by Chris Brizzard
Chanting the slogans, “What do we want? Justice! When do we want it? Now!” and “We wanna be asthma free, shut down PG&E!” about 150 people marched Saturday from the PG&E Hunters Point Power Plant to Parcel A of the Hunters Point Shipyard, two glaring eyesores of environmental injustice and neglect that have long plagued San Francisco’s Bayview Hunters Point community.
The BVHP community achieved a major victory last spring, when after years of grassroots struggle it finally managed to shut down the Hunters Point Power Plant, one of California’s oldest and dirtiest, that had been in operation for almost 80 years. But the work isn’t over. Major cleanup efforts still lie ahead, and members of the community want to ensure it is done safely and properly.
The community has also drawn increasing attention to the wrongdoings of Lennar Corp. as it rushes to complete construction of 1,600 homes at the Hunters Point Shipyard. But there is a reason it is rushing, and as Marie Harrison, long-time community activist and Greenaction member said, “Today, you’re going to hear a few truths.”
The most eloquent of those truths came from two people in particular — Dr. Ahimsa Sumchai, M.D., the only Black woman candidate running for mayor of San Francisco, and Minister Christopher Muhammad of the Nation of Islam, who runs a school that is located next to Lennar’s worksite.
“This shipyard has an incredible history,” said Sumchai. “You can go back 2,000 years, when the Muwekma Ohlone Indians revered this land. In the 1700s, Spanish explorers found this promontory and said this would be a beautiful seaport. In the late 1700s, a family called the Hunters occupied this land and it became Hunters Point.
“In the pre-World War II era, prior to the bombing of Pearl Harbor, the components of Little Boy, the bomb that was dropped on Hiroshima, came to this shipyard. It was assembled and sent to the Southern Pacific.
“Prior to the bombing of Hiroshima, the Navy purchased this land and went to Louisiana and Texas and recruited hundreds of strong African American men and women, promised them jobs and brought them to settle in this area where I grew up,” said Sumchai.
Turning to Lennar’s recent activities, Sumchai’s politics came into focus. “We have to fight to control this property. We have to be stakeholders at the table of what goes on in the development of not only this property but other properties throughout southeast San Francisco.
“On Nov. 7, 2007, when I am elected mayor, the revolution is going to come and life is going to be a whole lot easier for you because you’re going to have somebody in the mayor’s office who is going to have the strength to shut down Lennar Corp. and send them back to Miami, Florida,” said Sumchai to audience cheer and applause.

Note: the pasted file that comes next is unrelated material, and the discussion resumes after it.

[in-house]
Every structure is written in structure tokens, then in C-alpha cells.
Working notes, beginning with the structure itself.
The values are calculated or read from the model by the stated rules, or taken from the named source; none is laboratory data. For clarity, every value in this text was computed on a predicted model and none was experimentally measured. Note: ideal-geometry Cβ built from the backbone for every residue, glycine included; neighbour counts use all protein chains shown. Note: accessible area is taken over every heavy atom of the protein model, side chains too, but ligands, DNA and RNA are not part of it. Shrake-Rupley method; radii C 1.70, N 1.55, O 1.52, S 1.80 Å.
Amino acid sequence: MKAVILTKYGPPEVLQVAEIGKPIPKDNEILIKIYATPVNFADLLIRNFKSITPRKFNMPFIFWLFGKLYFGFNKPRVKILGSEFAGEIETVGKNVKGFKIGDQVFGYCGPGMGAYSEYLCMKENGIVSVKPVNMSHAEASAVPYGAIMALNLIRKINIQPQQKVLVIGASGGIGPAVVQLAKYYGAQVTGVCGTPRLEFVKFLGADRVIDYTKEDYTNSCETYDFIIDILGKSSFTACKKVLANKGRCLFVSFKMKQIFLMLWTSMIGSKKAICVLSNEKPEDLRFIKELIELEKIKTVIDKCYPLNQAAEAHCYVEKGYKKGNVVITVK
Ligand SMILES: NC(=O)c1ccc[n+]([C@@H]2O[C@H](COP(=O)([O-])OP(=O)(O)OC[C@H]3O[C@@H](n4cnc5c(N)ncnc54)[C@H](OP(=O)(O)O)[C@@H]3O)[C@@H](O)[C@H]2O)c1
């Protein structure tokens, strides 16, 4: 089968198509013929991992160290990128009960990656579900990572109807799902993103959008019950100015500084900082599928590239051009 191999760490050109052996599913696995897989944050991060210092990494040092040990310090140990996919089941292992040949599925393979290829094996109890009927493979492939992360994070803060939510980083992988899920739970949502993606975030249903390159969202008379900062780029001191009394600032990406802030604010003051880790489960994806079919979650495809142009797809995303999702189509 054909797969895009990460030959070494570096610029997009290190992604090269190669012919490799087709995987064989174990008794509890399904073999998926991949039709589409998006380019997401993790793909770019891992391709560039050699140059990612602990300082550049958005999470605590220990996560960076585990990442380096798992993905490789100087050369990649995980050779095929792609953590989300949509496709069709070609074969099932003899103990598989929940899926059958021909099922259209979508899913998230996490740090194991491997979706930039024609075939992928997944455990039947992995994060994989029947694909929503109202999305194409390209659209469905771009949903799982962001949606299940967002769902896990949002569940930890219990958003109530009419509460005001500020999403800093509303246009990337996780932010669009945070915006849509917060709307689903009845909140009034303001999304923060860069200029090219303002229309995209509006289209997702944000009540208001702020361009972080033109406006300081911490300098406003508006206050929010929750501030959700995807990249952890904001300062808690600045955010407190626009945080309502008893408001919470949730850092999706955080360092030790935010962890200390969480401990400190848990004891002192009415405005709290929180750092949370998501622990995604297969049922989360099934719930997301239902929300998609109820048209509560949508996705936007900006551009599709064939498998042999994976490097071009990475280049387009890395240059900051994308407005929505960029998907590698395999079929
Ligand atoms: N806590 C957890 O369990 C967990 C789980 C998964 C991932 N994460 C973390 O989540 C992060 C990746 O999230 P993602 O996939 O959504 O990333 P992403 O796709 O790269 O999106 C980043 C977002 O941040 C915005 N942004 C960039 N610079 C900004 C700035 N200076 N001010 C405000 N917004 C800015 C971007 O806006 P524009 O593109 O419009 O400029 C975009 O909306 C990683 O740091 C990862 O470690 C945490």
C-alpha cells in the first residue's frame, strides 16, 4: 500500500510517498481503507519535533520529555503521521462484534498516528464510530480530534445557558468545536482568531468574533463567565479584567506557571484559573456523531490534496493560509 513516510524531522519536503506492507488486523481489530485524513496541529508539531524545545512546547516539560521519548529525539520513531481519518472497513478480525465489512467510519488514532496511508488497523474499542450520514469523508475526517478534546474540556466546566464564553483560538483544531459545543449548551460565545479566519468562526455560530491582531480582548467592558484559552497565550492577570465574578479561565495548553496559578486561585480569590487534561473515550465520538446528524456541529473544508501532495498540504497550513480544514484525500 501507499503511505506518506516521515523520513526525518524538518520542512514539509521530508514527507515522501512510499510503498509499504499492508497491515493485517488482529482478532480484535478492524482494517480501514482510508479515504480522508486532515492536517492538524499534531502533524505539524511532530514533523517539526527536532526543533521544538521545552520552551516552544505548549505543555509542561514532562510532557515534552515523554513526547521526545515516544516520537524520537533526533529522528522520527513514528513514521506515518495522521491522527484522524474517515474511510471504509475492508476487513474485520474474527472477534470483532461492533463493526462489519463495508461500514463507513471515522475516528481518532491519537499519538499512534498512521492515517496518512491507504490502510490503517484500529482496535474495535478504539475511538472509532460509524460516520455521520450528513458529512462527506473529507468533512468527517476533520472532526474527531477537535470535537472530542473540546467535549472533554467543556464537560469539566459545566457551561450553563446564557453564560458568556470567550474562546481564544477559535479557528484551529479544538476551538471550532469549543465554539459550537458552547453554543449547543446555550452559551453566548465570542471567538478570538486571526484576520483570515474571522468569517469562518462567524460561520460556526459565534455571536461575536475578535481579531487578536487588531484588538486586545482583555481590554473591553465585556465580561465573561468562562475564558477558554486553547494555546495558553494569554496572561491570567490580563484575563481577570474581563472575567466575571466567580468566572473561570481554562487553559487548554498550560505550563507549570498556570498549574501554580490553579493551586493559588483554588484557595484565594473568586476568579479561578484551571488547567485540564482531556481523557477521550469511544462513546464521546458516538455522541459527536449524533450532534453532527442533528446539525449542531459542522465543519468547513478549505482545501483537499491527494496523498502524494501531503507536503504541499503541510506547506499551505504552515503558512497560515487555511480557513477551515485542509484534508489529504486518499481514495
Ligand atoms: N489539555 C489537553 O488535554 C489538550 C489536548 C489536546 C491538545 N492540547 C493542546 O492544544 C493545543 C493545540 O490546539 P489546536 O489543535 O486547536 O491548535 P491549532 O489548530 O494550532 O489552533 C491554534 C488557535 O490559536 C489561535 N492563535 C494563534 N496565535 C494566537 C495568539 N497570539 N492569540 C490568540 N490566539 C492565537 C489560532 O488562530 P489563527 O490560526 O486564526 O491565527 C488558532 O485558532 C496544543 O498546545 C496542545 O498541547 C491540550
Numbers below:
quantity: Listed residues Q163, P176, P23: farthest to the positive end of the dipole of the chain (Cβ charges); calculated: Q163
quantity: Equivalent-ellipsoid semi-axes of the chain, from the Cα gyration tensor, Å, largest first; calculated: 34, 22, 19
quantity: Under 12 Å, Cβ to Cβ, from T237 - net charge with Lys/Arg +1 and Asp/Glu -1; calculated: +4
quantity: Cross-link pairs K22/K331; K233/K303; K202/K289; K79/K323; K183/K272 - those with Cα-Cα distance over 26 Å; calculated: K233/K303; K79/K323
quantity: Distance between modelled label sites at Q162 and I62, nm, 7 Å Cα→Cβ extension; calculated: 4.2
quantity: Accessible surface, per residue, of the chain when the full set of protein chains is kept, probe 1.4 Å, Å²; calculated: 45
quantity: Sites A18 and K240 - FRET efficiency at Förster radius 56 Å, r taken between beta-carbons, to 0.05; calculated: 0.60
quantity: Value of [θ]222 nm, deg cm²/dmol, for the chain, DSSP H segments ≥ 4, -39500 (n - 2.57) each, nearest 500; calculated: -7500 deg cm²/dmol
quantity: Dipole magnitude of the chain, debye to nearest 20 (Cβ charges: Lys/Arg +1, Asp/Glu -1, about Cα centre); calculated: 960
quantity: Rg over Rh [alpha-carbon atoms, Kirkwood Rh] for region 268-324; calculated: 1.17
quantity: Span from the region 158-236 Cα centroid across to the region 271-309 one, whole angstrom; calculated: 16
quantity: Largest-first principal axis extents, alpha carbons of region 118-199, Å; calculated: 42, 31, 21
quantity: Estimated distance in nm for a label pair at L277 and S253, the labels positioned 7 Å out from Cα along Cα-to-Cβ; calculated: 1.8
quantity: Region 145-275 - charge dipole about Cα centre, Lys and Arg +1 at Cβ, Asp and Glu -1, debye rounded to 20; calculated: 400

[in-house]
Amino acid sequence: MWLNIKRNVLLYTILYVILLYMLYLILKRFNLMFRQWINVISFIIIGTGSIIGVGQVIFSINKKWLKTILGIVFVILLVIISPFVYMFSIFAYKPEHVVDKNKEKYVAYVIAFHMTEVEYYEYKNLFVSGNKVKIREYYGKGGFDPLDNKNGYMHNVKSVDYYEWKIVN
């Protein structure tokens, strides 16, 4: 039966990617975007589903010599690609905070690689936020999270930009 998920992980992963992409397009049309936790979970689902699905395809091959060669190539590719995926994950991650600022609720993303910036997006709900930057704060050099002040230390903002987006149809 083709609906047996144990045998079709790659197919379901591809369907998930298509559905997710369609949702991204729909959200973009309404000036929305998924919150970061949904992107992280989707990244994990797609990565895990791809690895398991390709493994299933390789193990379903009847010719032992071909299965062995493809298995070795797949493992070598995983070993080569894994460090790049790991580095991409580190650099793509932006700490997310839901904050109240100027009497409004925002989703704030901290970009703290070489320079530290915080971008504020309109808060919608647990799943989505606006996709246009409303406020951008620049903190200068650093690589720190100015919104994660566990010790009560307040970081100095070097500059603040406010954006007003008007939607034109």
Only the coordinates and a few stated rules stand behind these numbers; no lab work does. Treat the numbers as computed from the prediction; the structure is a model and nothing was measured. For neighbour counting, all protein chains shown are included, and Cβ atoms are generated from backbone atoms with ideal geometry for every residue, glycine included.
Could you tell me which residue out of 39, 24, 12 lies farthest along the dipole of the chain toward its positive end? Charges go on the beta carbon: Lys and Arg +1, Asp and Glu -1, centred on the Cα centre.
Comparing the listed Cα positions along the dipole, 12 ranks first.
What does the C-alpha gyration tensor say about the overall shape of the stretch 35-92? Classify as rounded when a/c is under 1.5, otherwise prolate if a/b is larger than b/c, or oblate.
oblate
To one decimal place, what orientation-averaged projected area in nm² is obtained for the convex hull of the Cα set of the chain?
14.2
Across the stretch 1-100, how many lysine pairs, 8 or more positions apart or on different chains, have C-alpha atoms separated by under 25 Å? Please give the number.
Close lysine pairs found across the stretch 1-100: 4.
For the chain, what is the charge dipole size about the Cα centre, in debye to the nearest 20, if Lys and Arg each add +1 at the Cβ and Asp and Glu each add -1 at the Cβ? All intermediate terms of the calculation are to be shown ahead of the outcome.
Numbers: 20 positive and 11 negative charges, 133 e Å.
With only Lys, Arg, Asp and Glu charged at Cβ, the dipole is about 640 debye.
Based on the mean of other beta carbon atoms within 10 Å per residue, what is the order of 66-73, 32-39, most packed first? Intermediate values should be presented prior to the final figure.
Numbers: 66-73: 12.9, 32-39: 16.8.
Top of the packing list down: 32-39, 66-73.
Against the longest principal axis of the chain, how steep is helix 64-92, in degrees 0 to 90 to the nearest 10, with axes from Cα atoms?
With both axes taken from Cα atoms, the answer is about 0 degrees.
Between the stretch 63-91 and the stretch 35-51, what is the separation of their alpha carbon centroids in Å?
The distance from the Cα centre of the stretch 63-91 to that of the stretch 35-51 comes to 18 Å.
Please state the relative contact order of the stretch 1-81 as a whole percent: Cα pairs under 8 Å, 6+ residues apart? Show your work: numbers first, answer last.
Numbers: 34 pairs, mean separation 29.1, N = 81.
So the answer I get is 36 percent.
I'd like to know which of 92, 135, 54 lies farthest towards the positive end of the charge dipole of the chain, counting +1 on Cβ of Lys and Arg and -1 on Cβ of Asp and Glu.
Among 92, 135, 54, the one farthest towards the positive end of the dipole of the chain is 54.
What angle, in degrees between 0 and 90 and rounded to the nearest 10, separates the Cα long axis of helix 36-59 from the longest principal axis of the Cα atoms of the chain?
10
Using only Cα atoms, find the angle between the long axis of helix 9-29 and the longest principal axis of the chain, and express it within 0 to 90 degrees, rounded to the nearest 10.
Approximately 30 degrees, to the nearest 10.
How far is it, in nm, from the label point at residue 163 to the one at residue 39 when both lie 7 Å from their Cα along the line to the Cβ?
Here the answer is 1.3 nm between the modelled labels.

Minister Christopher Muhammad spoke next. “San Francisco represents itself to the world as this liberal bastion of hope and possibility. But right in the southeast corner is a dirty little secret that they never wanted to get out. But it’s getting out.
“Lennar’s goal is to fasttrack this project so that by the time anyone got any information about it, the homes would have already been up and it would have been considered old news because they know the latency period of asbestos [exposure] is 20 years,” he said.
Since Lennar began its work on Parcel A last spring, there have been 66 exceedances of the 16,000 structures per cubic meter safety threshold for airborne asbestos set by the San Francisco Department of Public Health. If asbestos levels exceed that amount, work on the site is supposed to shut down. But it hasn’t.
“The only time the Health Department has shut down Lennar was this week. But why?” asked Minister Christopher. “Because Lennar’s dust went over into Navy property, and that constituted a notice of violation. Not because the dust went over into the poor community – we don’t shut you down for that. We shut you down because you violated Navy property with abandoned buildings where people don’t even live anymore. This is called environmental racism.”
Throughout the rally, water trucks were busy spraying down the Lennar worksite. Lennar reportedly spends about $50,000 on water per week to keep asbestos-laden dust clouds from escaping the site. At one point, a Hertz water rental truck interrupted Minister Christopher as it came down the hill, spraying water onto the street above the rally. “I mean they’re going all out to prove to you that they’re doing something right. But it’s a year too little and a year too late,” he said.
“Our aim is to connect this movement for environmental justice to the movement in West Oakland, in Richmond and in the South Bay so that all of these groups that have been disconnected can now come together as one to fight for environmental justice for all of us. Regardless of where we live, how much money we have, it doesn’t matter. Justice for all or justice for none,” said Minister Christopher.
In a show of solidarity, members from Greenaction, MAC (Mother’s Against Crime), the West County Toxics Coalition, the Nation of Islam, PODER (People Organizing to Demand Environmental and Economic Rights), Literacy for Environmental Justice, ANSWER (Act Now to Stop War and End Racism) and the San Francisco Green Party took part in the rally.
Bradley Angel, executive director of Greenaction, spoke of an important upcoming event. “On Sept. 6 and 7 the EPA will be having a national workshop about environmental justice, about how they collaborate so well with communities. This is a surprise to me and a lot of other people,” said Angel.
At noon on Sept. 6, Greenaction, the West County Toxics Coalition and others are going to protest this invitation-only conference. The San Francisco EPA office is located downtown at 75 Hawthorne St. For more information, call Greenaction at (415) 248-5010 or check firstname.lastname@example.org.
Chris Brizzard is an intern at the Bay View. Contact him at email@example.com.